Article | Talent Strategy

Getting the Blend Right

Identifying the right mix of soft skills and hard skills for sales development reps

Soft Skills and Hard Skills for SDRs: Getting the Blend Right

As with any role, recruiting the right person means getting the right mix of skills – when it comes to both technical ability and soft skills. When hiring an SDR, or Sales Development Rep, that’s more important than ever, because you need to consider your product offerings and the type of sales culture you’re fostering within the company.

When we talk about hard skills, we’re really talking about technical abilities, such as role-related qualifications, niche knowledge, languages and other competencies that require experience and training, such as exposure to a similar product offering, or a software package used by your organisation. These technical skills are fairly quantifiable and can be easily confirmed at interview. However, for sales roles such as SDRs, soft skills, such as interpersonal/influencing prowess, are critical, highlighting the importance of getting the right mix of both.

Let’s delve into the types of skills interviewers need to look out for. As we’ll see, finding a candidates with the right mind-set is just as important as technical skills.

Resilience, perseverance and self-awareness

SDRs have to be able to take rejection. They’ll be encountering quite a bit of it in their day-to-day work, but, at the same time, they need to have the resilience to bounce back along with the conviction to engage the same prospect again if they feel they can secure a different outcome (for instance, if the product offering changes, and the SDR feels it now meets the needs of the customer).

Another thing interviewers should look out for is self-awareness. Candidates that show that they are able to analyse their own behaviours in specific scenarios and modify those behaviours to drive sales can deliver real benefits for the business. SDRs who practice mindfulness, for example, are more aware of their own traits and triggers, and react accordingly, to bring about better outcomes.

Look out for listeners, as well as talkers

Knowing the customer and understanding their needs is vital when it comes to successful sales. And that means listening and reading between the lines for insights. Every sales person needs to be able to know which questions to ask in order to understand what the customer wants, before developing a sales strategy that meets those needs. If a customer sees that you’re listening, instead of simply delivering a robotic sales pitch, they’re more likely to listen. As a result, it’s much easier to build a mutually respectful and beneficial relationship.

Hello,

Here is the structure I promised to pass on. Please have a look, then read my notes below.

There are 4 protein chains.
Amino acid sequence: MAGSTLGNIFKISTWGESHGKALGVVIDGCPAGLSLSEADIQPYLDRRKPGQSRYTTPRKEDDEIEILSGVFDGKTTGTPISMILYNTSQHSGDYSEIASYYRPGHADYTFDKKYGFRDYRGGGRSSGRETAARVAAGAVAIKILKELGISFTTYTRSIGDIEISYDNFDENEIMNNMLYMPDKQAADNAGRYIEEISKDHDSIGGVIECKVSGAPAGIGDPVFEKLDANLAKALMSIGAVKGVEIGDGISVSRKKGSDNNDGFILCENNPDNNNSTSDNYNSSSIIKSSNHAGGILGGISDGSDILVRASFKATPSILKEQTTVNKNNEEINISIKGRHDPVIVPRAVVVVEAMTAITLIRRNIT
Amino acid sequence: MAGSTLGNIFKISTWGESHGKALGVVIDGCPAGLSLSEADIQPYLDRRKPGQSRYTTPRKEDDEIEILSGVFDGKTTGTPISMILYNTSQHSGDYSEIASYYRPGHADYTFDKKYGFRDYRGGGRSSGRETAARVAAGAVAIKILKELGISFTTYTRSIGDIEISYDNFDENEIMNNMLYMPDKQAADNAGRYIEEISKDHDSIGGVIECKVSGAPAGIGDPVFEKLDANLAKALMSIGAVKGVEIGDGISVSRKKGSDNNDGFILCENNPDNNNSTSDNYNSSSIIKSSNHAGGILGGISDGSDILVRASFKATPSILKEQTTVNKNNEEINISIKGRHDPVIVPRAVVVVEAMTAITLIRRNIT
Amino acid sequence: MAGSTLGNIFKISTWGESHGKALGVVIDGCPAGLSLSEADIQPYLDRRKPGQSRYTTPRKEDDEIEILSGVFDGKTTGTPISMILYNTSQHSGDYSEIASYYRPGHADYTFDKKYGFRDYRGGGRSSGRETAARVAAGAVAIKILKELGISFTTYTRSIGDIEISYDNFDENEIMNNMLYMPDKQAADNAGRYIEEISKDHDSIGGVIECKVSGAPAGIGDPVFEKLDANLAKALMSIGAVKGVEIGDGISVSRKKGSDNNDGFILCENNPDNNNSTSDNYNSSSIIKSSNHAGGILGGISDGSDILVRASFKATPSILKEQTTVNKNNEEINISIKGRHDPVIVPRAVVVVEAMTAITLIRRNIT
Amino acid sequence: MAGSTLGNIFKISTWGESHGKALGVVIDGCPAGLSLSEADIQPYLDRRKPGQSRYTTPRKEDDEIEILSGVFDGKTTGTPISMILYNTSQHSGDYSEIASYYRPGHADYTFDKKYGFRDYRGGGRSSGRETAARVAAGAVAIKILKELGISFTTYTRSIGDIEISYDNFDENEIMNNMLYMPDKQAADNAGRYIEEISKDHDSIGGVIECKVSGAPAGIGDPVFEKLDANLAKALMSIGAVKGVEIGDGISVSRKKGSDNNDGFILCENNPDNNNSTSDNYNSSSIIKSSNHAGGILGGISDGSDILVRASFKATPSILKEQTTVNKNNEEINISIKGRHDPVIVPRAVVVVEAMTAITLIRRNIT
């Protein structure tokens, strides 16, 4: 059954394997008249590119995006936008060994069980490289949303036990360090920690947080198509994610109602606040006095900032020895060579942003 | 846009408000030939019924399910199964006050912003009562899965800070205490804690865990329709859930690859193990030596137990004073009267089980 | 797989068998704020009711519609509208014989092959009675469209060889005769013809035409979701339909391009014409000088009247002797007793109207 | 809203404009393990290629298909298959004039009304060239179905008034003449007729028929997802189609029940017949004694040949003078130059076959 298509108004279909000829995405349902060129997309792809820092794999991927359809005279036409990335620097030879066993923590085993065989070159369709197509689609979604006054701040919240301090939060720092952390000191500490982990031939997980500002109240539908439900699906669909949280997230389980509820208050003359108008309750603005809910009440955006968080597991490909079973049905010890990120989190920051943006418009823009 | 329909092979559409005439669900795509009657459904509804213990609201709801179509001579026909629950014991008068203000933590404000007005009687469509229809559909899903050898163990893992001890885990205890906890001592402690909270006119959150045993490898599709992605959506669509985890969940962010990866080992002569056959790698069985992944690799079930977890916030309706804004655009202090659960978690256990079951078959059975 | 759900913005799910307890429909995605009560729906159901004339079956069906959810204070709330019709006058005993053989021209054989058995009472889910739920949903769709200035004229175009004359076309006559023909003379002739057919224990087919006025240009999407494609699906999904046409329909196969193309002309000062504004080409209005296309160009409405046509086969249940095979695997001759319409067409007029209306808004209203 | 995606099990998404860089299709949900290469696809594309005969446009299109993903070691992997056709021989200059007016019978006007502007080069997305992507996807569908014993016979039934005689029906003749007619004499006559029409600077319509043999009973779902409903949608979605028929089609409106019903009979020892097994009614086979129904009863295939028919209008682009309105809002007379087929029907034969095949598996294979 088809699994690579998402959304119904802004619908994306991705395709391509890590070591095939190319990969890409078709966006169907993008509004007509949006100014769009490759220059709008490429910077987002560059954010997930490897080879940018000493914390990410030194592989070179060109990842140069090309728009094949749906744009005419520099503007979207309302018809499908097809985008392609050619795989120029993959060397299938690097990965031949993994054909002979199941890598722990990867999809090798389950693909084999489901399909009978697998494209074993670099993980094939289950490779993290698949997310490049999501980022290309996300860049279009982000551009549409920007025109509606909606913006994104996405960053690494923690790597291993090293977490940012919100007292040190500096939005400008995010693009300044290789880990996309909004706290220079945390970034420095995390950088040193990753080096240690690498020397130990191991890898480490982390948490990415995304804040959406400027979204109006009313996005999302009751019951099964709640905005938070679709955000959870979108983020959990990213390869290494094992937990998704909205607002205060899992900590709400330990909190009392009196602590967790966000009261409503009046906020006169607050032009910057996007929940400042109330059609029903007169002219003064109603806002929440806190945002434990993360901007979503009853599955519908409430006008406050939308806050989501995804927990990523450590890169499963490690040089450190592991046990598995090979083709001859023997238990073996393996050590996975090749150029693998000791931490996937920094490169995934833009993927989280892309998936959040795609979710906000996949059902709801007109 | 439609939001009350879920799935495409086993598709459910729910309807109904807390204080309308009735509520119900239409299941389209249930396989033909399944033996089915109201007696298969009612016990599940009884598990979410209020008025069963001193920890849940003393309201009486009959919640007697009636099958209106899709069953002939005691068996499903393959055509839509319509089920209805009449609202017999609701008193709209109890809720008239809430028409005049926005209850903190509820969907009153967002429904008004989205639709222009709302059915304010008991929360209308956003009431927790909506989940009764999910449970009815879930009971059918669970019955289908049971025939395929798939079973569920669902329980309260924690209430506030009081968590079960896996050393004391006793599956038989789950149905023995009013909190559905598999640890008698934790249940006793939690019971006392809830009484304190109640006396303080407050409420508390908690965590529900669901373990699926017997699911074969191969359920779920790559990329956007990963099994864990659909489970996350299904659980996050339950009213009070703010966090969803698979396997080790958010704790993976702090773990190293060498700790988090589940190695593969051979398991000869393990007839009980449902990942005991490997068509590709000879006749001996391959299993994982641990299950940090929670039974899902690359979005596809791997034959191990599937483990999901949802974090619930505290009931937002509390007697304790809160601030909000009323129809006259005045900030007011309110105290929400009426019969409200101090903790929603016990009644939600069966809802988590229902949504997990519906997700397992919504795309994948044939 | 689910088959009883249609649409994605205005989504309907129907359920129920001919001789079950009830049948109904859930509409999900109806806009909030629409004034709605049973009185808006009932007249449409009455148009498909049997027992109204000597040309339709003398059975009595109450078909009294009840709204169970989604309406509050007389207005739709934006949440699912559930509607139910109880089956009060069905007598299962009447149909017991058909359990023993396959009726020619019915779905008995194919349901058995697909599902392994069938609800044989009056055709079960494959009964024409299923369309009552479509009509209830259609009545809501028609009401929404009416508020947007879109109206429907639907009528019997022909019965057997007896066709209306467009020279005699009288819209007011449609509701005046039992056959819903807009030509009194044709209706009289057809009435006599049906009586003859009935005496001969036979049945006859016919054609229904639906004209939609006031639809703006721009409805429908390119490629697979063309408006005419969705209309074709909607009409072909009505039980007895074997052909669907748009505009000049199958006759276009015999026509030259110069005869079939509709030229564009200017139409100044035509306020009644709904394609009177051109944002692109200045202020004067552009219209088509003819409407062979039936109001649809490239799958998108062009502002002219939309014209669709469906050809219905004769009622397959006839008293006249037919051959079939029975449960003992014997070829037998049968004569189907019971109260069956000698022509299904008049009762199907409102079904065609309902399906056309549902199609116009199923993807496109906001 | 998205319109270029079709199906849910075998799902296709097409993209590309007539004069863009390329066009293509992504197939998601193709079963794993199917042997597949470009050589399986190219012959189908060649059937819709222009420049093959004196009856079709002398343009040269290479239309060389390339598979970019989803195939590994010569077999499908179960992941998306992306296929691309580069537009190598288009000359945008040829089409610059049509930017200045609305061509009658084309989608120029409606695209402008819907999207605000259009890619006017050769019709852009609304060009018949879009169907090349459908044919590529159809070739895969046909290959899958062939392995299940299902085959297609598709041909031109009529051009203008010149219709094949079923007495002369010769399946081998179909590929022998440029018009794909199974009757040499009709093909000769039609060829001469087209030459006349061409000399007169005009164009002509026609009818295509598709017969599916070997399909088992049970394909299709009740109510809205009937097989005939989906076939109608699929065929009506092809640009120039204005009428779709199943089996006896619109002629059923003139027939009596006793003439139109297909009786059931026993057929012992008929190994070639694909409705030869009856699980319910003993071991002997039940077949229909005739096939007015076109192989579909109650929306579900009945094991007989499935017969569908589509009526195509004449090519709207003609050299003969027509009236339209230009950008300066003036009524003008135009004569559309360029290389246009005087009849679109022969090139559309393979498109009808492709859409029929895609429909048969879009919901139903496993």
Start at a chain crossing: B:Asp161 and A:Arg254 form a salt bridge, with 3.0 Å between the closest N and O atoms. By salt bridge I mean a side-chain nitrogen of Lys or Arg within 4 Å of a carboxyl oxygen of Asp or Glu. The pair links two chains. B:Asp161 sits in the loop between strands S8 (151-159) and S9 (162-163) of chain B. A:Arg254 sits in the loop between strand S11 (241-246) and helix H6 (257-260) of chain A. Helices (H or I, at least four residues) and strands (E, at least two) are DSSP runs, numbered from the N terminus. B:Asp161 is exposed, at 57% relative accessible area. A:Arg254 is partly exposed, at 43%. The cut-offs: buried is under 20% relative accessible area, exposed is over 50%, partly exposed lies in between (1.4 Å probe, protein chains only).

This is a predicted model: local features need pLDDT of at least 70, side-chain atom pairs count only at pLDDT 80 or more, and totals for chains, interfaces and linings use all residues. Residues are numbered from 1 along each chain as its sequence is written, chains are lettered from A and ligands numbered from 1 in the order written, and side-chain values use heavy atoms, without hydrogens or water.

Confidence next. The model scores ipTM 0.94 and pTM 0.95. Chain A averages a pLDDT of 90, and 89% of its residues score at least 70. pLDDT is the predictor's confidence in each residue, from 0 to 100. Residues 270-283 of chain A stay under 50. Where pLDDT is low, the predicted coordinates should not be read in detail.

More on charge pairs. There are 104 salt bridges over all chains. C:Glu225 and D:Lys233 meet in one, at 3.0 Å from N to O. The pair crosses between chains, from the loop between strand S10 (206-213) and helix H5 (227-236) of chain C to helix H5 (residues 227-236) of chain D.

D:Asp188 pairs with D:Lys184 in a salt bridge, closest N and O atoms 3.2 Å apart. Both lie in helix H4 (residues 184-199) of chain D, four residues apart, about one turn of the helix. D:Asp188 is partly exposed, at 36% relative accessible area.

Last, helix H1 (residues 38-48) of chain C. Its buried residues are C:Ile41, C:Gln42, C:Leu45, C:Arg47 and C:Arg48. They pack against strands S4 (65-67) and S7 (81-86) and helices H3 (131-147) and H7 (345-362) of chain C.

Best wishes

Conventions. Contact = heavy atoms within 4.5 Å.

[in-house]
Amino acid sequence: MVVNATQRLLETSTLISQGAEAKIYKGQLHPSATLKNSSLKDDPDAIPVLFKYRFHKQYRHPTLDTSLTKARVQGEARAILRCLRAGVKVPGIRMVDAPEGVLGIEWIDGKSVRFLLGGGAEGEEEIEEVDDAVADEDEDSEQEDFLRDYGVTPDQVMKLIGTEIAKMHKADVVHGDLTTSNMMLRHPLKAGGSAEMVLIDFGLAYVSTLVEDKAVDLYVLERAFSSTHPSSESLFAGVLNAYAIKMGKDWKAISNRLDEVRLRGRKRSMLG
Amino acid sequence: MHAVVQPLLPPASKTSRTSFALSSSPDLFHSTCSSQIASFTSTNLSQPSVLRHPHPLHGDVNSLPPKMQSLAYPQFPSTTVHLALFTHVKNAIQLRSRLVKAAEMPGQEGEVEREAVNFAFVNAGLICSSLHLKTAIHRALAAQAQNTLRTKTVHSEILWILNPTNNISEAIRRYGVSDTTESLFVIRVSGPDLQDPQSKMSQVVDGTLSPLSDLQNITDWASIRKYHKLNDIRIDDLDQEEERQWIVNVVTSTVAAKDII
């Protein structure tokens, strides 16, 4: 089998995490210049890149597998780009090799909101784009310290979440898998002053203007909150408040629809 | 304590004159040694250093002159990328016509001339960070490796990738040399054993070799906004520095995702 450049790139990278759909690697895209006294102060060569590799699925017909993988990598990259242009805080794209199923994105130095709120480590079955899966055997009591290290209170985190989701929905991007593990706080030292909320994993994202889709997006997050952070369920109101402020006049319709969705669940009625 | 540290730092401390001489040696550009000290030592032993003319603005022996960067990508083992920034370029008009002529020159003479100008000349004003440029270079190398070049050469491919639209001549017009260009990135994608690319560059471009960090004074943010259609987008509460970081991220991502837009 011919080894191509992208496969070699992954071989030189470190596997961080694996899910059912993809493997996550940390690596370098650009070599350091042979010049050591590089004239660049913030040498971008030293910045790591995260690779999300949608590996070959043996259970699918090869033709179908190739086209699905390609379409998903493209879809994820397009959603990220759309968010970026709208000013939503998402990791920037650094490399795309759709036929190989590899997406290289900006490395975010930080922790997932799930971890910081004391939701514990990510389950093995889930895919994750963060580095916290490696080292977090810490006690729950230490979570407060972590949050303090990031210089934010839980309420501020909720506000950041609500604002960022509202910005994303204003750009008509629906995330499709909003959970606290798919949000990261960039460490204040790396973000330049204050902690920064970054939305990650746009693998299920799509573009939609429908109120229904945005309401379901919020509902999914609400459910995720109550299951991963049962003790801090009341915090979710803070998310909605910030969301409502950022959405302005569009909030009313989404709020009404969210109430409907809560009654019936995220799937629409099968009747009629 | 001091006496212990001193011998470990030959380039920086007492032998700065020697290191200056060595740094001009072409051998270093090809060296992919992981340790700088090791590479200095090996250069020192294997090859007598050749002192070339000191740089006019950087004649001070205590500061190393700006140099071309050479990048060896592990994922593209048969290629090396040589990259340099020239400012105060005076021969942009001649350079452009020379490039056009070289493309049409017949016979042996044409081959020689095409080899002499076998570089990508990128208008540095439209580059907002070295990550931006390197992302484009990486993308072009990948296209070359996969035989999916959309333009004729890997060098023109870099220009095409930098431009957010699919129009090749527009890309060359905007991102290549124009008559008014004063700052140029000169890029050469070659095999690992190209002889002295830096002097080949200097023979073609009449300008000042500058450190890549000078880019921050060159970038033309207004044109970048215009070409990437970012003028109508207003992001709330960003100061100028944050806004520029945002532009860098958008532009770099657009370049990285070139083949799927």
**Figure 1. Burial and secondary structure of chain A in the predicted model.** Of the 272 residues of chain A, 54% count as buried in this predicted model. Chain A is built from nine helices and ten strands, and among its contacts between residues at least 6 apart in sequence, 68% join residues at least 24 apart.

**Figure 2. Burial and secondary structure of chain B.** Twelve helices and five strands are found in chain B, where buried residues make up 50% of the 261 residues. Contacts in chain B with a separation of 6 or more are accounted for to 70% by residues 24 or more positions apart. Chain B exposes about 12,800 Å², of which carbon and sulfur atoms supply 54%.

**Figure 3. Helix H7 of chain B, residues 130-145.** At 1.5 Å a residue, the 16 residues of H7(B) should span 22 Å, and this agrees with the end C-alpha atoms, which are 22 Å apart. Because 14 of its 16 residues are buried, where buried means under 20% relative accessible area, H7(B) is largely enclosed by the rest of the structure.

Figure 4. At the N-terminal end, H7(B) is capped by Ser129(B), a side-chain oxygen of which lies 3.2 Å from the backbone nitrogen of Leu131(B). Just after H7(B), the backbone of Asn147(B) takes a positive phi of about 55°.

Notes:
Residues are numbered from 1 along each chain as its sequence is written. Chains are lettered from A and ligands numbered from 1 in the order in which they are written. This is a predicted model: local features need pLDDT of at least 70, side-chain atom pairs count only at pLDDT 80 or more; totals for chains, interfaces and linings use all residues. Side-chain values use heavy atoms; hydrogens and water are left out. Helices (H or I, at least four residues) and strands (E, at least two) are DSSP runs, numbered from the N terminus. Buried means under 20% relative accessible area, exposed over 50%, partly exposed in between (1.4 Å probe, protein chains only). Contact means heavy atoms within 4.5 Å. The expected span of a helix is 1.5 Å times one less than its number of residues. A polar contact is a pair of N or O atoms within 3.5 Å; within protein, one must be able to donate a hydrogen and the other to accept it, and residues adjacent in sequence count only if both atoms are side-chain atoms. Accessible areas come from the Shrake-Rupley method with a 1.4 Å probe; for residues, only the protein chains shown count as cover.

Emotional intelligence

Leading on from the need for strong communication skills, empathy and emotional intelligence are two other traits to look out for. Salespeople with strong emotional intelligence are more able to tune into what’s going in a prospect’s head by picking up on subtle cues, related to body language, tone of voice and even in digital communications such as email.

IT-savvy with a willingness to learn.

Today, there are a lot of sales and CRM software packages and other IT tools out there companies use in their sales and marketing functions and, with the advent of AI and other new technologies, those tools are developing all the time.

While potential candidates should have experience in some of these from previous roles, it’s important that they show a willingness to learn and develop those skills further in order to bring most value to the sales function. That trait will apply equally when it comes to new developing new products.

A sense of team-play

While the SDR typically sits at the bottom of the sales department hierarchy, they normally work as part of a bigger team and liaise extensively with the marketing department and the product development team. As a result, they must be able be able to collaborate and work together towards shared goals. The last thing you want is a lone wolf, focussed on their own targets - one that may be willing to sacrifice team goals in order to hit personal objectives.

The difference between a good SDR and a great one is getting the right blend of hard and soft skills for your company and your product. Doing that means really delving deep into a candidate’s psyche, as well as their CV. And you can’t do that without investing in a solid talent management strategy.

Talk to Eximium to a talent management review to put the right strategy in place for all of your organisational needs.

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